• Izabella (red)
  • Tavkveri (red)
  • Asuretuli (red)
  • Cabernet Sauvignon (red)
  • Aladasturi (red)
  • Tsitska (white)
  • Tsolikouri (white)
  • Khikhvi (white) is grown in Kardanakhi.
  • Dzvelshava (red)
  • Krakhuna (white)
  • Chinuri (white)
  • Gibrita (red)
  • Manata (white)

Georgian wine varieties[edit]

Saperavi Wines

Traditionally, Georgian wines carry the name of the source region, district, or village, much like French regional wines such as Bordeaux or Burgundy. As with these French wines, Georgian wines are usually a blend of two or more grapes. Georgian wines are classified as sweet, semi-sweet, semi-dry, dry, fortified and sparkling. The semi-sweet varieties are the most popular.

White[edit]

    • Pirosmani is a semi-sweet white wine made from a 40% Tsolikauri, 60% Tsitska blend. It has won 3 gold medals and one silver medal at international competitions.
    • Tsinandali is a blend of Rkatsiteli and Mtsvane grapes from the micro regions of Telavi and Kvareli in the Kakheti region.
    • Tvishi is a natural semi-sweet white wine made from Tsolikauri in the Lechkhumi region. It has won one gold medal, two silver medals and one bronze medal in international competitions.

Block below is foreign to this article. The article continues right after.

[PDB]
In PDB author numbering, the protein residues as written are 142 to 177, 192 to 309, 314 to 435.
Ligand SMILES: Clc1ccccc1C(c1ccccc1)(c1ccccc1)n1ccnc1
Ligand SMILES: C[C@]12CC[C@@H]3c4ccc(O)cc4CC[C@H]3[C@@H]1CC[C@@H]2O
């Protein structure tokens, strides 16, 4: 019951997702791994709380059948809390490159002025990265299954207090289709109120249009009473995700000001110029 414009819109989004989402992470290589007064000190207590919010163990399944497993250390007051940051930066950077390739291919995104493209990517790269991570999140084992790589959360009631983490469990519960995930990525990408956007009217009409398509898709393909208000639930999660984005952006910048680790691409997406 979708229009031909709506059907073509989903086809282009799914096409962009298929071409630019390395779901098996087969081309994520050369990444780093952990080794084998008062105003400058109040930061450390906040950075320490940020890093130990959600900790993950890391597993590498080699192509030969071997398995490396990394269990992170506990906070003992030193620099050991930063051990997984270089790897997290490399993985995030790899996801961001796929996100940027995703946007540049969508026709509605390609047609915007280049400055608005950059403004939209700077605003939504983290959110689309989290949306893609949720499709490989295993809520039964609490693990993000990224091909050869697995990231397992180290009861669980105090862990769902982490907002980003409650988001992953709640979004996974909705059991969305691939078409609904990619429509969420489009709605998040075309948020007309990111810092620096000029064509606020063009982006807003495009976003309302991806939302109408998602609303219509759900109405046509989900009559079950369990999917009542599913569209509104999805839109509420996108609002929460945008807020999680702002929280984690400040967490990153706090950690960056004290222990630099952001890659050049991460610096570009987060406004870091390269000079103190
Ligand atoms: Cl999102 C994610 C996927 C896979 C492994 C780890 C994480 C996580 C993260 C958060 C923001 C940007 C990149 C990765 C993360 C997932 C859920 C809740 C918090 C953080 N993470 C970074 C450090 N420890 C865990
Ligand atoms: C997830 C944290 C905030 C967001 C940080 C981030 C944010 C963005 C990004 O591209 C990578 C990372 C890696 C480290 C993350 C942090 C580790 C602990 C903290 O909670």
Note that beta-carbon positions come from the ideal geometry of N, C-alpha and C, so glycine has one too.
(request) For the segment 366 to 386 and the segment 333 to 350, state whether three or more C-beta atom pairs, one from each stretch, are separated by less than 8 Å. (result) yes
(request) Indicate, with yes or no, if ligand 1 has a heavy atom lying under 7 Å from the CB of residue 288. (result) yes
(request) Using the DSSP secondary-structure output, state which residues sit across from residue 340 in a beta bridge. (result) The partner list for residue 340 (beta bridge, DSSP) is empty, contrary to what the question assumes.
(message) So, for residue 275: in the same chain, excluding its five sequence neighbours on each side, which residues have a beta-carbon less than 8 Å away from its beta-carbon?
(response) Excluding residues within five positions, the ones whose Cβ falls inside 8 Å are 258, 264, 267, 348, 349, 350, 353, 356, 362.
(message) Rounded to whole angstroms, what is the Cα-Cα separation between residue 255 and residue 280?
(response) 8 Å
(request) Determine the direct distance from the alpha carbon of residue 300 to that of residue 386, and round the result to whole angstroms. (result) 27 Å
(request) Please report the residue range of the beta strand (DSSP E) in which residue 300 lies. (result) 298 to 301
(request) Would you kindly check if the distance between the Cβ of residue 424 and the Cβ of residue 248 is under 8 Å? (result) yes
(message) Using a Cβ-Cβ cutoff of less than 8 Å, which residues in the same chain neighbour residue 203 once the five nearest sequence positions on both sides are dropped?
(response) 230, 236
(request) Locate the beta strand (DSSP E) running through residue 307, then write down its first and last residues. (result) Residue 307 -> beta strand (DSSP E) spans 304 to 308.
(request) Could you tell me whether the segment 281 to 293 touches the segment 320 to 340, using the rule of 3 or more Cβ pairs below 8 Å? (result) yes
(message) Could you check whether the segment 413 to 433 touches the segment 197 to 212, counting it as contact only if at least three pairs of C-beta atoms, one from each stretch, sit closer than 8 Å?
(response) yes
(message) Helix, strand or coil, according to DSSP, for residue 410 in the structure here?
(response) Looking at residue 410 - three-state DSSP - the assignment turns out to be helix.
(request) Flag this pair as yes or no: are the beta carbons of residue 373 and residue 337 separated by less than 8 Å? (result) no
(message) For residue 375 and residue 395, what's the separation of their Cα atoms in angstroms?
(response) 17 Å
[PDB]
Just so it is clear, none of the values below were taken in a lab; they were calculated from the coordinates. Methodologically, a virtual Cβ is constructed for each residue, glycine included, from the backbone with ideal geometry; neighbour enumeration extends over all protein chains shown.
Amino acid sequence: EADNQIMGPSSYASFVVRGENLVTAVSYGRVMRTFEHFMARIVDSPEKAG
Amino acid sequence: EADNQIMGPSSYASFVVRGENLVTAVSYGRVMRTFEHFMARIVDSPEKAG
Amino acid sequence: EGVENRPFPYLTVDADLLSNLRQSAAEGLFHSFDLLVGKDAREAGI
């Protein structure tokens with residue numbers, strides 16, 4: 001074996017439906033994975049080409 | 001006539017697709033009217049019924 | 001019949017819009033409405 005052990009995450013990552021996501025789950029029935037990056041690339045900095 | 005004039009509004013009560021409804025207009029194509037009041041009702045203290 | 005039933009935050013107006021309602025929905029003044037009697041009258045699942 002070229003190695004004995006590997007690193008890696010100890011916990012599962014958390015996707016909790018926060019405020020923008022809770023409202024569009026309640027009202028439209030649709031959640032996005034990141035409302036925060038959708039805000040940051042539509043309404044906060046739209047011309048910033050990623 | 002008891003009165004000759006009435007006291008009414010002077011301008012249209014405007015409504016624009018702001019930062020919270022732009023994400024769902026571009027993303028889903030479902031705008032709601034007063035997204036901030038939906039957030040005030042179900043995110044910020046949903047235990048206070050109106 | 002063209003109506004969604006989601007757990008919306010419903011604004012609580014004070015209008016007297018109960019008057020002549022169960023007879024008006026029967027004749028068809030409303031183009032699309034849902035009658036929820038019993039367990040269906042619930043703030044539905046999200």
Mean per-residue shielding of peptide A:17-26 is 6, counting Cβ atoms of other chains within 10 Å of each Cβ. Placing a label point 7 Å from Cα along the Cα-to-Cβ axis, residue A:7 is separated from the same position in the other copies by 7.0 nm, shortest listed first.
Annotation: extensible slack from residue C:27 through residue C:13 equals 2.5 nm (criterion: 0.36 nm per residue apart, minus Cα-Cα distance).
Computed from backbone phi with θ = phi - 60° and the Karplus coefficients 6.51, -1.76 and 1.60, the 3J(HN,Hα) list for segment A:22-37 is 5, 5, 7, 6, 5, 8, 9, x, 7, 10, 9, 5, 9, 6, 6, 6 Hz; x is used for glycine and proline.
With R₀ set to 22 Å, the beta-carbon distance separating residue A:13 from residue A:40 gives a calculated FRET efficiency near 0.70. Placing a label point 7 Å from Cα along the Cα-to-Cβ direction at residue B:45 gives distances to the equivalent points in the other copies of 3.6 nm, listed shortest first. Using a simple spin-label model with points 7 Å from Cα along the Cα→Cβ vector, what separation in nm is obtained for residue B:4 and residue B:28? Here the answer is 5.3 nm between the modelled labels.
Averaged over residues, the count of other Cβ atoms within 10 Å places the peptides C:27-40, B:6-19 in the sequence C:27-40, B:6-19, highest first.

• Mtsvani is a dry white wine made from Mtsvani.
    • Alaznis Veli is white semi-sweet wine made from the Rkatsiteii, Tetra, Tsolikauri and other industrial grape varieties cultivated in Western and Eastern Georgia. The wine of straw color has a characteristic aroma, a fine, fresh and a harmonious taste. It contains 9-11% alcohol and has 6-7% titrated acidity.
    • Anakopia is a white semi-dry table wine made from the Tsolikauri grape variety grown in the Sukhumi and Gudauta districts in Abkhazia. The color range is from light to dark-straw. It has a specific aroma and a subtle fresh taste. The alcohol content in the ready wine is 9-11%, sugar content 1-2 g/100 ml, titrated acidity 5-8 g/l. The wine has been produced since 1978.
    • Tbilisuri is pink semi-dry wine produced since 1984. It is made from the Saperavi, Cabernet and Rkatsiteli grape varieties grown in East Georgia. The wine has a rich fruity taste. The alcohol content is 9-11.5%, sugar content 1-2%, titrated acidity 5-7 g/l.